Anna J. Lang, M. D., who has been identified with the medical profession as one of its most successful members in Burlington for a continuous period of almost thirty years, was born at Belleville, Ill., Jan. 14, 1846, a daughter of Christopher Ender, a native of Bavaria, and Barbara (Beckwith) Ender, who was born at Frankfort-on-the-Main. The mother died Oct. 1, 1896, aged seventy-seven years, and her demise was preceded by that of her husband, he dying in 1867 at the age of forty-five. He lived for about thirty years at Belleville and for a time at St. Louis, and was a tailor by trade, besides owning the farm on which he died – a valuable tract of two thousand acres at Evansville, thirty-two miles from Belleville. Mr. and Mrs. Ender were the parents of eight children: Cicero, Anna J., Kate, Charles, Christina, Maggie, William, and Cecilia. They were people of most estimable character, and were faithful members of the Catholic church, of which our subject is a consistent member.
Before taking up the study of medicine the subject of this review was united in marriage to J. C. Campbell, and to them were born four children, who survived: J. C.; Christina, who married Joseph Krause; Clara, wife of Morris Over; and Laura, wife of Mahlon Kauffman; also two died in youth. The father of this family died in 1872, and his widow, desiring to achieve an independent and useful career, and appreciating the immense possibilities offered by the field of medical practice for those of her sex who possessed the necessary talent and enthusiasm, entered Richardson's Medical College at St. Louis, where she pursued a thorough and rigorous course of study, and was graduated in 1877. She shortly after began practice in Burlington, where she has remained continuously since. In May, 1880, she again married, her second husband being Andrew J. Lang, who was born in Bavaria, and came in 1866 to Burlington, where he has followed the trade of stone-mason. They have two children, Louis and Louisa, and two died in infancy.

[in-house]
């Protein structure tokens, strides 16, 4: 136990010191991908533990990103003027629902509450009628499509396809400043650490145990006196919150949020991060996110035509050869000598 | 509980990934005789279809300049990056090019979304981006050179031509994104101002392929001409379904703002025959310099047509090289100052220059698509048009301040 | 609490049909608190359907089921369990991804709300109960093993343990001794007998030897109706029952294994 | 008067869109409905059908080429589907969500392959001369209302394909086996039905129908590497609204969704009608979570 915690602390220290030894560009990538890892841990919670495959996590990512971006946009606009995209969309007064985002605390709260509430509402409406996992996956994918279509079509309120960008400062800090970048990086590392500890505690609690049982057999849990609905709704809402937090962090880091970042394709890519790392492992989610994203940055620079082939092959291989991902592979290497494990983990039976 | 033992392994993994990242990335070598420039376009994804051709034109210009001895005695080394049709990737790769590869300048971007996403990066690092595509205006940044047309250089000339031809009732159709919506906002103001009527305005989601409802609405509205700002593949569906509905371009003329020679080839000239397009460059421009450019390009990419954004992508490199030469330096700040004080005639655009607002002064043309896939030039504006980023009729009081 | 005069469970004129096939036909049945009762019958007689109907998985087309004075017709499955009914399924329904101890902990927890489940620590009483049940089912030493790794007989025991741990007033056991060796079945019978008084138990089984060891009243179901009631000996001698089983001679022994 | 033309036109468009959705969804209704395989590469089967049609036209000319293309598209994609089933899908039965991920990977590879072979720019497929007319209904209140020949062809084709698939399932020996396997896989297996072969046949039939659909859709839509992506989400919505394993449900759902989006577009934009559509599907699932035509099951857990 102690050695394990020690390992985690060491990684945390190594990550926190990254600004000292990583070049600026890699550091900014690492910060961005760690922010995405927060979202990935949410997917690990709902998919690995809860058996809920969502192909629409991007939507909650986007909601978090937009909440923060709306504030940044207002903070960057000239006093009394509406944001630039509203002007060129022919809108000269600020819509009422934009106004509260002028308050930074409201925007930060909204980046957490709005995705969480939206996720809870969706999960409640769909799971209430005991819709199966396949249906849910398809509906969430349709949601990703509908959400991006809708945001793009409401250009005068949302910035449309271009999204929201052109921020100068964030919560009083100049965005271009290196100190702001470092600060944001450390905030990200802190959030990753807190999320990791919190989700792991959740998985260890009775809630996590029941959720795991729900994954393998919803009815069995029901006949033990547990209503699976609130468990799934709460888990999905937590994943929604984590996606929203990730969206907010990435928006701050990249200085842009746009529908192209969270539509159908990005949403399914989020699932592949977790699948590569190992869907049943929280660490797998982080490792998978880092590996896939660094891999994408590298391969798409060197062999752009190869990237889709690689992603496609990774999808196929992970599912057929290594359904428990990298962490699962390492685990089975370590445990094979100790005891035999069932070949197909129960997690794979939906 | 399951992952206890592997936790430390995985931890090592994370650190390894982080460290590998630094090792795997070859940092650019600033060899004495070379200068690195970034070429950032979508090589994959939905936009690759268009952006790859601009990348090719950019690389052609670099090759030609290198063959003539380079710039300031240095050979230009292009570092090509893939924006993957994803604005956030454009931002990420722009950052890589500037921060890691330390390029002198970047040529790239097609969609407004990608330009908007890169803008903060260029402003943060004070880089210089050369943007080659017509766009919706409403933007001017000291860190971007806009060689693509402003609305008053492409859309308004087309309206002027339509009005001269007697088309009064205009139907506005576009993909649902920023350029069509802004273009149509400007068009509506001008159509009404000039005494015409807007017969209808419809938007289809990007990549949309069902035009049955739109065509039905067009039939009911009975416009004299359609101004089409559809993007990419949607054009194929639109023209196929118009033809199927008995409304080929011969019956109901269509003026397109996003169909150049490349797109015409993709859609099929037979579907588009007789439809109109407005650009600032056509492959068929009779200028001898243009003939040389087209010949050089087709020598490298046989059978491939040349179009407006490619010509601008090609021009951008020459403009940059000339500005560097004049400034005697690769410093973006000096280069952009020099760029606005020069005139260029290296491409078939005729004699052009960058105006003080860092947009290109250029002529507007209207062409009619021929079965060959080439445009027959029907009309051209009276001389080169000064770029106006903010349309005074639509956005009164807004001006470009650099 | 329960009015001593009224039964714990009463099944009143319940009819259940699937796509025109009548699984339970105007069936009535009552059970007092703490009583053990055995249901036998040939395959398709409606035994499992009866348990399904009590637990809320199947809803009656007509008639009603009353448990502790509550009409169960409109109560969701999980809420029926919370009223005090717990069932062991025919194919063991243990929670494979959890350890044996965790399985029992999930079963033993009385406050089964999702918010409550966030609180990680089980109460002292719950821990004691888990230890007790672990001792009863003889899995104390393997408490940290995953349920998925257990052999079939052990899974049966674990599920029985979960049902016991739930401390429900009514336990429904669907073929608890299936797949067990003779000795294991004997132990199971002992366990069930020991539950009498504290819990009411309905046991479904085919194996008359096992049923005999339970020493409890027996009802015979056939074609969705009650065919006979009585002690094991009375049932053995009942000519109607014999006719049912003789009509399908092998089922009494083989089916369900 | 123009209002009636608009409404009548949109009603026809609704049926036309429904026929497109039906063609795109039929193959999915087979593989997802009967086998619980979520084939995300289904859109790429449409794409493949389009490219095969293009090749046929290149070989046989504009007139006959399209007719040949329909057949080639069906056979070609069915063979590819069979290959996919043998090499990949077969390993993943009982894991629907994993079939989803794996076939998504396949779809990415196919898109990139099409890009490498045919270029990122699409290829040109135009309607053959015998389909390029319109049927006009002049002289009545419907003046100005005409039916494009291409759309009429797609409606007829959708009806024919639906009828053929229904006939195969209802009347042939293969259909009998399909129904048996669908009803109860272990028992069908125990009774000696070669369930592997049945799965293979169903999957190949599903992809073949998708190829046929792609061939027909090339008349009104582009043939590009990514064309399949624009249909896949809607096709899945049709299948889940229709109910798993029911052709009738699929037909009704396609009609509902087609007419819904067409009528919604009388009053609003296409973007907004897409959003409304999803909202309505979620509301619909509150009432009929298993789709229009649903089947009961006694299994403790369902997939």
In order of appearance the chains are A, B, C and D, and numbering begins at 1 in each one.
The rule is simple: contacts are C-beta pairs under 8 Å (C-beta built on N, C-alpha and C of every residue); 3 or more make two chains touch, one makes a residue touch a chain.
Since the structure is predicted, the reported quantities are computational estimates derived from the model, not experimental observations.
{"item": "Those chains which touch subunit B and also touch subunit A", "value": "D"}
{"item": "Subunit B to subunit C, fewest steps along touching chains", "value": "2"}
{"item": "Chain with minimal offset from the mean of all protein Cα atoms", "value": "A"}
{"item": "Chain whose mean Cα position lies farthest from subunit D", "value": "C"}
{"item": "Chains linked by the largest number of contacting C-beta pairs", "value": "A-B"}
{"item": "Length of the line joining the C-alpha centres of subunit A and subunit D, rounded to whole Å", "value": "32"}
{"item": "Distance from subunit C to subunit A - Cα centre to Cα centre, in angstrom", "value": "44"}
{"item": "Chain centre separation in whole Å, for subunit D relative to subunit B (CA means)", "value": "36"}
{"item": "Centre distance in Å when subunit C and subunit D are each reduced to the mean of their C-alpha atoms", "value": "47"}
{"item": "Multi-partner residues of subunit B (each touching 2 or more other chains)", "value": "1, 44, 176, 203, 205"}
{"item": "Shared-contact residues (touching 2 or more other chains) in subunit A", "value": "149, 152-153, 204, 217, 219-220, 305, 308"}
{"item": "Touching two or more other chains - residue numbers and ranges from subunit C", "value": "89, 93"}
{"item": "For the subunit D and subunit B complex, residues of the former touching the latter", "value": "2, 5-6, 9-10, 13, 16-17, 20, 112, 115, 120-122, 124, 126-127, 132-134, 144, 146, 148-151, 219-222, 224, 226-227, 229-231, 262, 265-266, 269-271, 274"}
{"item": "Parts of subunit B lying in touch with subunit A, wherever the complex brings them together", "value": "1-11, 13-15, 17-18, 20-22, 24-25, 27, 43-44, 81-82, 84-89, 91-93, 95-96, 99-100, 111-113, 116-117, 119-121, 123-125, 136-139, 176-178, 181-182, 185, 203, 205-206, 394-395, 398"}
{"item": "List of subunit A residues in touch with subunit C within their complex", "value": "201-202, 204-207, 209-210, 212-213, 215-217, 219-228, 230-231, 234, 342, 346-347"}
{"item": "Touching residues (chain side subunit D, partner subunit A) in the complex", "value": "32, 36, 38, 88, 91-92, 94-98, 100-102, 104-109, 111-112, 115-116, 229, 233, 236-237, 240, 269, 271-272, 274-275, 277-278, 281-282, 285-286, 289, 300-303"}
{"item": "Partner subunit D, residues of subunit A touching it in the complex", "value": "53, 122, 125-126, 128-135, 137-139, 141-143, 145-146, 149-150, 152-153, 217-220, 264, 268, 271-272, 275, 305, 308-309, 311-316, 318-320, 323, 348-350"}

Following that tendency of the age by which the work of the learned professions has become divided into well-defined specialties, Dr. Lang has devoted her attention principally to the treatment of tumor, cancer, and all skin diseases, in which she has been signally successful. By the skill and fidelity with which she has followed her supreme object of ameliorating human suffering, she has earned the lasting gratitude of innumerable unfortunates who have been benefited by her ministrations, and has built up a large and profitable practice. She is a woman of unusual talents and great strength of purpose and character, and is regarded with the general and true esteem which is one of the best rewards of unselfish efforts.